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Targeting Sustainability

You probably don't realise it, but there are companies and people out there, working behind the scenes and without fanfare, that are pushing the envelope as far as setting targets for sustainable products and services goes. One such is Kimberly-Clark Corporation.
You may never have heard of them until a moment ago, but if you've used a public loo of virtually any description in recent years, then you've almost certainly used their products.

Their company, maybe best known as the makers of Kleenex tissues, launched its global environmental program as far back as 1995 to 'improve sustainability in our products and processes, making the corporation a pioneer in this field,' says Operations Director Mark Russell.

Their program sets out ambitious goals for reductions in energy and consequently in carbon dioxide emissions as well as the reduction of water usage, landfill and packaging wastage. A significant multi-national player, Kimberly-Clark has two manufacturing facilities in South Africa and, says Russell, the company continues to demonstrate its commitment to sustainability in the following ways:

  
  • Reducing energy consumption (and thereby CO2 emissions) by improving energy efficiencies through various projects over the past 13 years, resulting in a 24% reduction in energy usage per ton of tissue produced – enough to power 2000 homes for a year. The corporation has ambitious plans to cut this amount by a further 29% over the next five years.
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  • Reduced fresh water consumption by improving process efficiency over the same period, resulting in a 20% reduction in water usage per ton of tissue produced, a saving equivalent to 260 Olympic-size swimming pools. Plans are afoot to reduce this by a further 10% over the next five years.
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  • Reduced the waste sent to landfill by 70% since 1995
  • – Kimberly-Clark now sends less than 2% of the waste that it generates to landfill. Among the most significant of their sustainability undertakings is the 'sludge to bricks' project, which alone accounts for a reduction in landfill of 50%.This, in turn, has the added advantage and benefit of reducing the energy required to fire bricks, as well as reducing the actual weight of the bricks by 20%, which means another saving in CO2 emissions because of improved transportation efficiency.As an added benefit, the thermal insulation property of the 'slug bricks' is vastly improved, which, in turn, means that a lot less energy is required for heating the homes or offices built with them.

    During 2008, Kimberly-Clark collected an average of 5 000 tons of waste paper per month. For each ton of paper that is recycled, 3m2 of landfill space and 17 trees are saved, sufficient energy is saved to provide electricity to 512 homes for a year, there is a reduction in coal-based emissions of 1.8 tons of CO2, 10kg of sulphur dioxide (SO2) is not emitted and water consumption is reduced by 50% and waste water by 35%, which equates to a reduction of 8m3 of waste water discharges.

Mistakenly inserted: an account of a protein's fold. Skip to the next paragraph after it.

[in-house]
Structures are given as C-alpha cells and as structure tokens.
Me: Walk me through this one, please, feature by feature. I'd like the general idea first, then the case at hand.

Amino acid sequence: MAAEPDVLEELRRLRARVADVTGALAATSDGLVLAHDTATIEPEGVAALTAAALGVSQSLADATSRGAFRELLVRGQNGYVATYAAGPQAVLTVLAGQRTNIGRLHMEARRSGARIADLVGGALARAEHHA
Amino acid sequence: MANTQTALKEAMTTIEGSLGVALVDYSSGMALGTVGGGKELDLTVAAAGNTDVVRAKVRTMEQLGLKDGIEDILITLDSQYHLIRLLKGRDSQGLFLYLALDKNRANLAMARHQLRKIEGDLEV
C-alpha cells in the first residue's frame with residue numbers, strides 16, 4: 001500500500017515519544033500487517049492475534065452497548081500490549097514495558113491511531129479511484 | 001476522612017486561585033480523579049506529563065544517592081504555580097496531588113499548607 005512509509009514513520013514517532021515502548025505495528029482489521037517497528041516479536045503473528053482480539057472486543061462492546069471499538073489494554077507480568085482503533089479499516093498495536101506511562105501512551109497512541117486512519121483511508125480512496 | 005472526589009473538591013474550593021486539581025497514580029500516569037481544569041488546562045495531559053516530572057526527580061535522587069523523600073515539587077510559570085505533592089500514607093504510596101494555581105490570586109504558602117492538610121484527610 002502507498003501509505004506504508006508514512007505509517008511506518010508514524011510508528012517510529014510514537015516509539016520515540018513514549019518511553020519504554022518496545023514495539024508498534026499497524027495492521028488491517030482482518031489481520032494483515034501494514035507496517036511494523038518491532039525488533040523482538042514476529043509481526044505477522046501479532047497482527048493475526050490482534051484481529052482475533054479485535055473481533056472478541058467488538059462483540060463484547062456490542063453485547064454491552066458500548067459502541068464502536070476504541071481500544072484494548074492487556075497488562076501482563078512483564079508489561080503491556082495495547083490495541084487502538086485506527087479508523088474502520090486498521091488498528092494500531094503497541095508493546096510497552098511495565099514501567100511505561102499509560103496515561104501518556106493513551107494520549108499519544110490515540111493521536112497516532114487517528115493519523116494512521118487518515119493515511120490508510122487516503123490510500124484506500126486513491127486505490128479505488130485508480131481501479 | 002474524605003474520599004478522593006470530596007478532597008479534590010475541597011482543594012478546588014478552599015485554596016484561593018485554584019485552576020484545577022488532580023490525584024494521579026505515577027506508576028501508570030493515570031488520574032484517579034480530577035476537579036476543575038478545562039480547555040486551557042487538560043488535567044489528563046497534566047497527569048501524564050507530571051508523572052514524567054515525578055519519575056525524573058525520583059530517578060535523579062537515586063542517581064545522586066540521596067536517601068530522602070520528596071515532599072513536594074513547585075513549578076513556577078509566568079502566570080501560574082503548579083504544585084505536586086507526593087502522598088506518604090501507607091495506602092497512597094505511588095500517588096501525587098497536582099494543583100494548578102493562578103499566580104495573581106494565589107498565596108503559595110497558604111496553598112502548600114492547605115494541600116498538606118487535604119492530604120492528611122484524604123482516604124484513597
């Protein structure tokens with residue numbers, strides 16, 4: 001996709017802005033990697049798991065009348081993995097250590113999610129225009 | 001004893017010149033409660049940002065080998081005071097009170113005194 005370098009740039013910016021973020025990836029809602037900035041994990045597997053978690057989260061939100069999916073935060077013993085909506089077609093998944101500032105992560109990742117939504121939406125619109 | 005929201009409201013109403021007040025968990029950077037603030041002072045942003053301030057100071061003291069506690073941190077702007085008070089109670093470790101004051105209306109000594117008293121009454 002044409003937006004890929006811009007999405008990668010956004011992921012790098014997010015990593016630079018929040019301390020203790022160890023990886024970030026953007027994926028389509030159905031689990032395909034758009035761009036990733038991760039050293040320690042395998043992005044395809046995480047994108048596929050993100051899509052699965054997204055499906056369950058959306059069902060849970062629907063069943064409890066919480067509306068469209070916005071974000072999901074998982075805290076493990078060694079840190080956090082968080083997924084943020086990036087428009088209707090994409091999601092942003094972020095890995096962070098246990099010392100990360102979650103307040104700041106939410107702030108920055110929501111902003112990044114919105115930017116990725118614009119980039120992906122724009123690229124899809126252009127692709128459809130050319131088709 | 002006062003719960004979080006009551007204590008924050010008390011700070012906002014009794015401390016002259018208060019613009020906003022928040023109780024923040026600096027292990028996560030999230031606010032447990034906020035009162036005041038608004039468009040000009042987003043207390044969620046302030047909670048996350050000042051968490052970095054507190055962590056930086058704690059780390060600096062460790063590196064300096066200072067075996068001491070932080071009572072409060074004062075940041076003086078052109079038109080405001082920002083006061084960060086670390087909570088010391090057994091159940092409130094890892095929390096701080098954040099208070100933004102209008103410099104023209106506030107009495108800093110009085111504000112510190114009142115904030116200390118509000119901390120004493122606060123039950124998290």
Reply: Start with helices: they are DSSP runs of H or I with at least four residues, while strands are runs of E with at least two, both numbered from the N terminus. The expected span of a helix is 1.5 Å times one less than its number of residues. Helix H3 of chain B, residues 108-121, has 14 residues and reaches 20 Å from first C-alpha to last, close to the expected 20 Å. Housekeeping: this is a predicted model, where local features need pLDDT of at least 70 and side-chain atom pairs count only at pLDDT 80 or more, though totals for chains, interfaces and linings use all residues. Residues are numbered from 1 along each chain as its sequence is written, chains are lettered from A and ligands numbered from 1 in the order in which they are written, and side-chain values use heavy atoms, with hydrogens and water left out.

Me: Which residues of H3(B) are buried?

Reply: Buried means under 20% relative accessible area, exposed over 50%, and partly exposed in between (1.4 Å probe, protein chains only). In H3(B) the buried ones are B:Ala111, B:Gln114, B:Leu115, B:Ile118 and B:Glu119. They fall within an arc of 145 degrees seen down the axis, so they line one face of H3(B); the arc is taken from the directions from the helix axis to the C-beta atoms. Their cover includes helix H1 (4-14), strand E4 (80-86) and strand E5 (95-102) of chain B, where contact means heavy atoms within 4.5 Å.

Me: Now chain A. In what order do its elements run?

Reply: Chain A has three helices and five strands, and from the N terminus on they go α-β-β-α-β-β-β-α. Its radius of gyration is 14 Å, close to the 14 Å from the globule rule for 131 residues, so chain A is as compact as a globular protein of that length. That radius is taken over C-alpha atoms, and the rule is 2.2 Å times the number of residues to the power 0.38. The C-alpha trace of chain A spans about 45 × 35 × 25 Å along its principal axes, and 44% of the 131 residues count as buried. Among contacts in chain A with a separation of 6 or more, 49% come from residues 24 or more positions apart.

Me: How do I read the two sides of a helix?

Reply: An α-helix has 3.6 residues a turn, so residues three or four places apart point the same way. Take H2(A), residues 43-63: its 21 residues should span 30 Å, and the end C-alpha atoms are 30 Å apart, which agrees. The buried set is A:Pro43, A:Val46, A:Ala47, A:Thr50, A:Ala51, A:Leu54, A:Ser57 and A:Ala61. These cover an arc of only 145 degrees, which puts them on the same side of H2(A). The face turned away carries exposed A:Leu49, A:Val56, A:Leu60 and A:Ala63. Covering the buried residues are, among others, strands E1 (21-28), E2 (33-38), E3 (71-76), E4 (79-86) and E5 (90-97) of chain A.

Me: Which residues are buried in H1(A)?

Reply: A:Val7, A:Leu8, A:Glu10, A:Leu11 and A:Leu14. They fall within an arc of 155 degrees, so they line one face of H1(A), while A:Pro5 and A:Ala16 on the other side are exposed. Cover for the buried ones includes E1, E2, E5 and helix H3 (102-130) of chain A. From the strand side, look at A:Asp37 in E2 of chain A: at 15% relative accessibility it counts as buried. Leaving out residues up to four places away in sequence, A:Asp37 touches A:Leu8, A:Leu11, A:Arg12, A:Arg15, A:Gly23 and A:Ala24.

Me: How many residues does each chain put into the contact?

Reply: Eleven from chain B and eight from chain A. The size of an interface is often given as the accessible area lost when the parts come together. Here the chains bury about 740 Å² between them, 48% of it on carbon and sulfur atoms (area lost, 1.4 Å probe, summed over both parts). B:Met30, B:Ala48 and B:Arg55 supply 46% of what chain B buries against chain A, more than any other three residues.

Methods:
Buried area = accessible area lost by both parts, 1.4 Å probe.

These measures have resulted in Kimberly-Clark South Africa achieving ISO 14001 International Environmental Accreditation for its manufacturing facilities, which, says Russell, gives consumers the reassurance that you are partnering with a company which takes sustainability seriously. This is all in line with the company slogan on sustainability: Reduce today, respect tomorrow.

    In addition to its ISO14001 certification, Kimberly-Clark SA is taking environmental sustainability a step further by becoming Forest Stewardship Council (FSC) certified, for which it is currently undergoing assessment.

    'This is in accordance with the requirements of international customers, who also want assurances that their chain of supply is in the loop,' says Russell.

    With Kimberly-Clark SA owning the largest waste paper recycling plant in Southern Africa, they are able to transform the lowest grades of waste paper into useable products, recycling some 250 tons of waste paper each day. The company says it is being FSC approved in two categories:

    Mixed – for products containing virgin fibre originating from FSC-certified forests, or products using a combination of virgin fibre and recycled waste paper; and

    Recycled – for products containing 100% recycled waste paper.

    HOW GREEN IS YOUR OFFICE? Your office offers yet another step in the process of going green Kimberly-Clark Professional is calling on its distributors and end users to discuss how they can help them along the path towards meeting their sustainability objectives. They are asking you if they can assist you with your workplace waste paper recycling efforts. This will include your hand towel waste as well as your office paper waste. 'Wally Wastenot', the face of the company's waste collection drive, will be encouraging you to recycle your paper. To this end, Kimberly-Clark will be making bins available for its waste paper recovery program.

    10 September 2009   [download pdf]